It seems though now that China may well surpass America, with its only being a matter of time, a proposition that would have been beyond the pale in the 90s. Back then, people had serious doubts on China’s ability to innovate with its system, coupled with aspects of traditional Chinese culture viewed as not conducive to non-derivative R&D. People cited how the successful countries were all democracies, and the Chinese dissident Fang Lizhi, who produced some first rate work in astrophysics, had openly said that in order for China to become developed, it would need to adopt the parliamentary democratic system. The financial crisis in 2008-9 ruined America’s credibility enormously, especially given that China in many ways appeared virtually unscathed by it. Since then, China has made enormous progress technologically as well. Representative examples are its high speed trains as well as the development of its passenger aircraft. China has also developed an indigenous CPU, Loongson, which is already proliferating across government and military organizations in China. It is their goal to create a whole software ecosystem around their hardware, as has been done for Intel’s. Of course, there is all this military technology too, the details of which are highly classified. A guy from China once said to me that the system there, with its network of state owned enterprises, can complete projects with little delay. Some might say that none of that is very creative, as it is all large scale engineering. As for that, there is basic science, and while China is quite a ways away there, they seem to be improving rapidly. In that respect, Chinese have done exceedingly well in America. Now with more money, many of the best scientists abroad can be lured back and a higher percentage of the best of the younger generation will stay in China to conduct their research. The career prospects in America for scientists are quite dismal, and China I would say has a chance of competing there. As a consequence, a much higher percentage of people in China will be able to enjoy the luxury of doing basic science research. Rather beside the point, but I’d like to note that Fields Medallist Alain Connes has written that the European system is better for breeding truly original thinkers in math who open up new fields, with its having less pressure for grants and for results produced on a shorter time frame than the American tenure system. He expressed his belief that the Soviet mathematicians would have done better had they stayed in the old Soviet system, where the job was just to talk about science. We can see how Perelman solved the Poincare back in Steklov Institute in Russia after America offered him no tenured position and how Yitang Zhang was failed by the American system, where you need to play it safe to secure your next position.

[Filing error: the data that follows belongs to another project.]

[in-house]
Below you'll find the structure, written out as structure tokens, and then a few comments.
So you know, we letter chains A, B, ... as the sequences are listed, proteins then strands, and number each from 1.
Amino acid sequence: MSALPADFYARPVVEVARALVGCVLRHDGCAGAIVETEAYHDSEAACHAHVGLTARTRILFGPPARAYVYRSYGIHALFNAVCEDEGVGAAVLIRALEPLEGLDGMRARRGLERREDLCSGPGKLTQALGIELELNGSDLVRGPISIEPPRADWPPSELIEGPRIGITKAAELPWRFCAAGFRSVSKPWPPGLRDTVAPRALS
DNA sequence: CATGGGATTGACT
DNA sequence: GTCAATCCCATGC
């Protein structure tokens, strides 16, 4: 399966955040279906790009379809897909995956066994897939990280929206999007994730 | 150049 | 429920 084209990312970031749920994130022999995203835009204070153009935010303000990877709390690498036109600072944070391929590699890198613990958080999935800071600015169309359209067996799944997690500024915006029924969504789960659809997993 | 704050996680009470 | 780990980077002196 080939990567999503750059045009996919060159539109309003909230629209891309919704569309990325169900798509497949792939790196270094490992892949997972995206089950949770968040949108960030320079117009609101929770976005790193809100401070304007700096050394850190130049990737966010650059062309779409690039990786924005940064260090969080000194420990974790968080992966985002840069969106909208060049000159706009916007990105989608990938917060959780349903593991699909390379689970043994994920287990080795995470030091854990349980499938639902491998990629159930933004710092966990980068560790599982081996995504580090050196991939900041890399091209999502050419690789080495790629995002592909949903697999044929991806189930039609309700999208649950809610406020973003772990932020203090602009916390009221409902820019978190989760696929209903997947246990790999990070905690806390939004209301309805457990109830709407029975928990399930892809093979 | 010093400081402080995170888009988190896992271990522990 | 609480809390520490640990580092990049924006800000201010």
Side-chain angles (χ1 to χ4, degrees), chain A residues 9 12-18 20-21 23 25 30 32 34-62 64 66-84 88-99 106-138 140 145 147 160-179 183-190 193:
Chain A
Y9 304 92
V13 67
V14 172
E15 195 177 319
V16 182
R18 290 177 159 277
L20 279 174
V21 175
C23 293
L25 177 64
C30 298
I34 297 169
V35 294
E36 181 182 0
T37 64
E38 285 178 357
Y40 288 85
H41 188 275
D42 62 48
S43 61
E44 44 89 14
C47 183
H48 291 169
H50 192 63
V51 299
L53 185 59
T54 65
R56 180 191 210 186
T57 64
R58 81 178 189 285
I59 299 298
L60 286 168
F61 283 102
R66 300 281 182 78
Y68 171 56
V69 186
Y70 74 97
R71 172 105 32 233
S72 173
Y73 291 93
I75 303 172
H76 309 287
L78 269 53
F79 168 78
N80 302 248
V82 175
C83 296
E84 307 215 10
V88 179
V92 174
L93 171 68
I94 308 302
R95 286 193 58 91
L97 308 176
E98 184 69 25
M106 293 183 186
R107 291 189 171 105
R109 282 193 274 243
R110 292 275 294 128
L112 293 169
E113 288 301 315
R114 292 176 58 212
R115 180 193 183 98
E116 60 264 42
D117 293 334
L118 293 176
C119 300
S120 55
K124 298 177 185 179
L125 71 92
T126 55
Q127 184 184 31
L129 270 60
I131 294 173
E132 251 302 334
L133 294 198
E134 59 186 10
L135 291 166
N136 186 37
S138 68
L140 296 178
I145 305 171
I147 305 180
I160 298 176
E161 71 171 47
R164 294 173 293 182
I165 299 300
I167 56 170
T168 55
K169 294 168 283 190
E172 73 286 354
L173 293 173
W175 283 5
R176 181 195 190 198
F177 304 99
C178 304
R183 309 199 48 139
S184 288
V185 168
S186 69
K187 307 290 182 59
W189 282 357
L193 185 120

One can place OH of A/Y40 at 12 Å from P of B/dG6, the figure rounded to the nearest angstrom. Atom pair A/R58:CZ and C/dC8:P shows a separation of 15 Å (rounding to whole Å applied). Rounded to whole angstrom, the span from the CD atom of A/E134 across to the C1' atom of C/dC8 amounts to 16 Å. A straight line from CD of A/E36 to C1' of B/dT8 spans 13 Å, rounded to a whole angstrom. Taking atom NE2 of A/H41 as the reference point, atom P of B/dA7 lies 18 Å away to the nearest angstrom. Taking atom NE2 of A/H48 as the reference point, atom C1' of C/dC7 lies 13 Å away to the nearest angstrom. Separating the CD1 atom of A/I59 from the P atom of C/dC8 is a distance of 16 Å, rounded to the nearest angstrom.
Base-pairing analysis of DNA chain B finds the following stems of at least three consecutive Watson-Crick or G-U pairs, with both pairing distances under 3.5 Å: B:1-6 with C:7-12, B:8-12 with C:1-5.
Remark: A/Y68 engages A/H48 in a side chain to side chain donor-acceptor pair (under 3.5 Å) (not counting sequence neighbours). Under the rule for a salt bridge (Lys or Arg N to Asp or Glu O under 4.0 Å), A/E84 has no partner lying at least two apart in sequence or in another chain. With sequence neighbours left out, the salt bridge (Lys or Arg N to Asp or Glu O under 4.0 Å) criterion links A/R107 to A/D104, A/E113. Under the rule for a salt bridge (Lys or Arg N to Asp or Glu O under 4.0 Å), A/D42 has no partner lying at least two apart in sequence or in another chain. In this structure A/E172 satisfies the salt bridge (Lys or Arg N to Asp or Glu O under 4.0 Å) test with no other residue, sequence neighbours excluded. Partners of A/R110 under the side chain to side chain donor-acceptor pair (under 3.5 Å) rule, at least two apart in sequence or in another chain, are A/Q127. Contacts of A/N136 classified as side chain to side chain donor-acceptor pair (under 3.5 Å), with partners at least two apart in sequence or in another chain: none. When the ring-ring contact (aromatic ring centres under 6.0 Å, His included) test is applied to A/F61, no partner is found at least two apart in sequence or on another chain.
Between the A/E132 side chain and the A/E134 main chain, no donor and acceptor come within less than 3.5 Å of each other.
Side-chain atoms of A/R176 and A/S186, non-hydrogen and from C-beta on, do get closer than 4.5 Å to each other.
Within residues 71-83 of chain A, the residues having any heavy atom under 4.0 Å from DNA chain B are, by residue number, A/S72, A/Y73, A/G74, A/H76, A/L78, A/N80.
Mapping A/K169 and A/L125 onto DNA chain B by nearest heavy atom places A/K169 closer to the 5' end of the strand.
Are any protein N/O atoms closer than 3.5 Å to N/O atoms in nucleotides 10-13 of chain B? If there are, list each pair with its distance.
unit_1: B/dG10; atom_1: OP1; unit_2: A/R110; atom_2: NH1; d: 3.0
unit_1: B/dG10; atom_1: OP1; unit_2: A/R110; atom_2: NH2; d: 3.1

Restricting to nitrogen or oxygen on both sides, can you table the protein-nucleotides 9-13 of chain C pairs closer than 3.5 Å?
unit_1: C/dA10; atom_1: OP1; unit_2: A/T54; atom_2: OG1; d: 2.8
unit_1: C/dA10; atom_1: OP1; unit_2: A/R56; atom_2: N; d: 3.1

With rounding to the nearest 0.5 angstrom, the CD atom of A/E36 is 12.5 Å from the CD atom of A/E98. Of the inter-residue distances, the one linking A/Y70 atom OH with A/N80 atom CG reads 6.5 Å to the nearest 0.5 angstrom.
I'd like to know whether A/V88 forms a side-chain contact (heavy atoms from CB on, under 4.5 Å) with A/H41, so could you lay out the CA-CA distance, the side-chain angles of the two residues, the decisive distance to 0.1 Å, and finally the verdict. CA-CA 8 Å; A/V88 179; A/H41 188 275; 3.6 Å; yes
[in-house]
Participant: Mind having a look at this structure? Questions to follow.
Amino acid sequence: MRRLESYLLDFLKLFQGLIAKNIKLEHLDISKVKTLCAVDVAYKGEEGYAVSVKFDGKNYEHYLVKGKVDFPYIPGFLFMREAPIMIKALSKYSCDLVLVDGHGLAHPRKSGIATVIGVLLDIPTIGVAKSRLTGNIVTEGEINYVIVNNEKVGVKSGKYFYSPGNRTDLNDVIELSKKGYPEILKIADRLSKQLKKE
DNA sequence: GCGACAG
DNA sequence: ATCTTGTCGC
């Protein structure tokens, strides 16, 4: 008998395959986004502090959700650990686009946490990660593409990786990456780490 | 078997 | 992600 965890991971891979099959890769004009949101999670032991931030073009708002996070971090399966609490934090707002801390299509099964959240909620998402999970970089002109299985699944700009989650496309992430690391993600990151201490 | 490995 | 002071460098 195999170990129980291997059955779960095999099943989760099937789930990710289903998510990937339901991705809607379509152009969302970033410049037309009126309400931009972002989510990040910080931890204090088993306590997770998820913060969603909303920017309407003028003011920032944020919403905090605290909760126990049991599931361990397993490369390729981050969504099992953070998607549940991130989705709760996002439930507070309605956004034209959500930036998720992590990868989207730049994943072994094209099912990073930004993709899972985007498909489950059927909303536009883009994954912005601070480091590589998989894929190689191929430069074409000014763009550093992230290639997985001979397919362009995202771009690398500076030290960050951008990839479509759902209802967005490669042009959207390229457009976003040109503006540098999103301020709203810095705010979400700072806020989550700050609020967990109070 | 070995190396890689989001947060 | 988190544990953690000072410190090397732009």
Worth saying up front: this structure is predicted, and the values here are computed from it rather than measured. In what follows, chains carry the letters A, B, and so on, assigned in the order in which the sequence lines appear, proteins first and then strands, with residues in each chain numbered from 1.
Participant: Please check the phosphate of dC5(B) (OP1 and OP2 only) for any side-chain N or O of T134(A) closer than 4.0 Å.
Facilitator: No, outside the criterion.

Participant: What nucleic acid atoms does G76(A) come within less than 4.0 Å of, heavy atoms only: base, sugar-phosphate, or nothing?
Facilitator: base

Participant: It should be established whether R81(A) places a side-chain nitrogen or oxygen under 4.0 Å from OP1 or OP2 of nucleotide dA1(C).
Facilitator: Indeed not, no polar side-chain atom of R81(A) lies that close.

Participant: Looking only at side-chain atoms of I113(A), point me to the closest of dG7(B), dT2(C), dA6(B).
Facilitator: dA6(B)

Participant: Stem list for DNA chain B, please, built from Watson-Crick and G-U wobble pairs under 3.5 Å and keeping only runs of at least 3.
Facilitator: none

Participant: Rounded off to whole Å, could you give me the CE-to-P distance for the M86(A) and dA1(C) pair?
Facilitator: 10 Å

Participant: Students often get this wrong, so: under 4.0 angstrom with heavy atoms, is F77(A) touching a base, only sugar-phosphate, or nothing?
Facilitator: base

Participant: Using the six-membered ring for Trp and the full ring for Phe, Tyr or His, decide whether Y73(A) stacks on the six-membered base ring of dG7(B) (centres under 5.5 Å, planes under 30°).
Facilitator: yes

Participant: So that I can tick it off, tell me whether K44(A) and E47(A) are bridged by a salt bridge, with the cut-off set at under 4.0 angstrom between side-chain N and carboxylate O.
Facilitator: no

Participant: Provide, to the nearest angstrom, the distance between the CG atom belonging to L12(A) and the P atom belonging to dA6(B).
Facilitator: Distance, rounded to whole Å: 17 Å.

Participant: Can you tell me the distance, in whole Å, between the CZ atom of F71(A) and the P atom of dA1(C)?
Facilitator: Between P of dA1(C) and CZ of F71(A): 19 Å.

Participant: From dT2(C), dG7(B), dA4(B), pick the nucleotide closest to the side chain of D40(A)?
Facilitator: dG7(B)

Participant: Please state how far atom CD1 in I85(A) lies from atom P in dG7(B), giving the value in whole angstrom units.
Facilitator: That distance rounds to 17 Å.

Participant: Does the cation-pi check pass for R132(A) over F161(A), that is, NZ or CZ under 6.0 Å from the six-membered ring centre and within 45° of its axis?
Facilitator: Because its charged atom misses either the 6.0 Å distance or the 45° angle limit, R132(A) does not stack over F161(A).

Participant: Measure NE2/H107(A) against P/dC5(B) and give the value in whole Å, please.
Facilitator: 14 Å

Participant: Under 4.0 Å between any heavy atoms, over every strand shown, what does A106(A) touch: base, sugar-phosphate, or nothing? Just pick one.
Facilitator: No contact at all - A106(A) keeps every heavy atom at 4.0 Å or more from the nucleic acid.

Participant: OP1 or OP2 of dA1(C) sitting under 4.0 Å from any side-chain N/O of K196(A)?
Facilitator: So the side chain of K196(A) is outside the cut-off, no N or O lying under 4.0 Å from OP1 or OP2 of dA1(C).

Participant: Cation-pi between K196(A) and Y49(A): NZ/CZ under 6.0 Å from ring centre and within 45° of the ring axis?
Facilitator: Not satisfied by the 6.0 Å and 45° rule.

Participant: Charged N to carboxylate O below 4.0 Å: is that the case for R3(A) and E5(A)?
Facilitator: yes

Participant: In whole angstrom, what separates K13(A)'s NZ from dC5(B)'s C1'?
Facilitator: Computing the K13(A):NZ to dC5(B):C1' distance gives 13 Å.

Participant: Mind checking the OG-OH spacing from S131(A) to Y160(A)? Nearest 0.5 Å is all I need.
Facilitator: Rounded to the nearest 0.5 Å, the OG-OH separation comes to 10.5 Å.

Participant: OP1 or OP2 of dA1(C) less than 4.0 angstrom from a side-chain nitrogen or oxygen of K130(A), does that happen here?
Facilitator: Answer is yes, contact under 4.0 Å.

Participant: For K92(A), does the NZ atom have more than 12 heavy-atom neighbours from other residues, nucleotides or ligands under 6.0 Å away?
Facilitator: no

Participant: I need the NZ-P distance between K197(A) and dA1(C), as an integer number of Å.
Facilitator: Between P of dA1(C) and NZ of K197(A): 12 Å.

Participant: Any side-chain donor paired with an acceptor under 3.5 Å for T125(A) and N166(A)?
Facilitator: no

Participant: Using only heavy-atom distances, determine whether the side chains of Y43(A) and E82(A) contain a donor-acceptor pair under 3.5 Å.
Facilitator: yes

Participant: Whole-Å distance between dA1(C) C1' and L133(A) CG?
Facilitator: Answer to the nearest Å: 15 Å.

There is even a camp of scholars who believe with confidence that the future will be China’s, that of the IQ proponents, representative figures of which include Philippe Rushton and Richard Lynn. Richard Lynn has written here that China will win after discovering the genes for IQ. It is definitely not impossible, and Steve Hsu has already worked with BGI on that. This goes back to Steve Hsu’s remark on that hypothetical society that can function in a way that the current one cannot because its constituents, its ones in positions of power especially, are too unintelligent. On this, I see a parallel between two highly politically sensitive words in America, which are communism and IQ. I’ll say, judging from their writings, that many of the leaders and scholars of and associated with the Chinese Communist Party in the 20s were highly intelligent, as were Marx, Lenin, Stalin, and Mao, all of whom were philosophers very profound and one could say, attaching a somewhat subjective judgment, visionary in their thinking. Mao wrote some of the most beautiful and high quality Chinese poetry, from a literary point of view. It seems that the Chinese with extraordinary literary or verbal gifts are more Maoist leaning, with on the other hand, Deng Xiaoping’s, dubbed by many on the left in China as the father of its corruption, for having promoted short-sighted people like Zhao Ziyang and Hu Yaobang who contributed to negative outcomes of the Tiananmen Square protests, being noted for having a dumb mouth and a dumb pen. Examples include Kong Qingdong, Li Ao, and Lang Xianping. I see the possibility of what many would perceive as too far-fetched: China’s becoming more communist as it closes in on the mystery of human intelligence.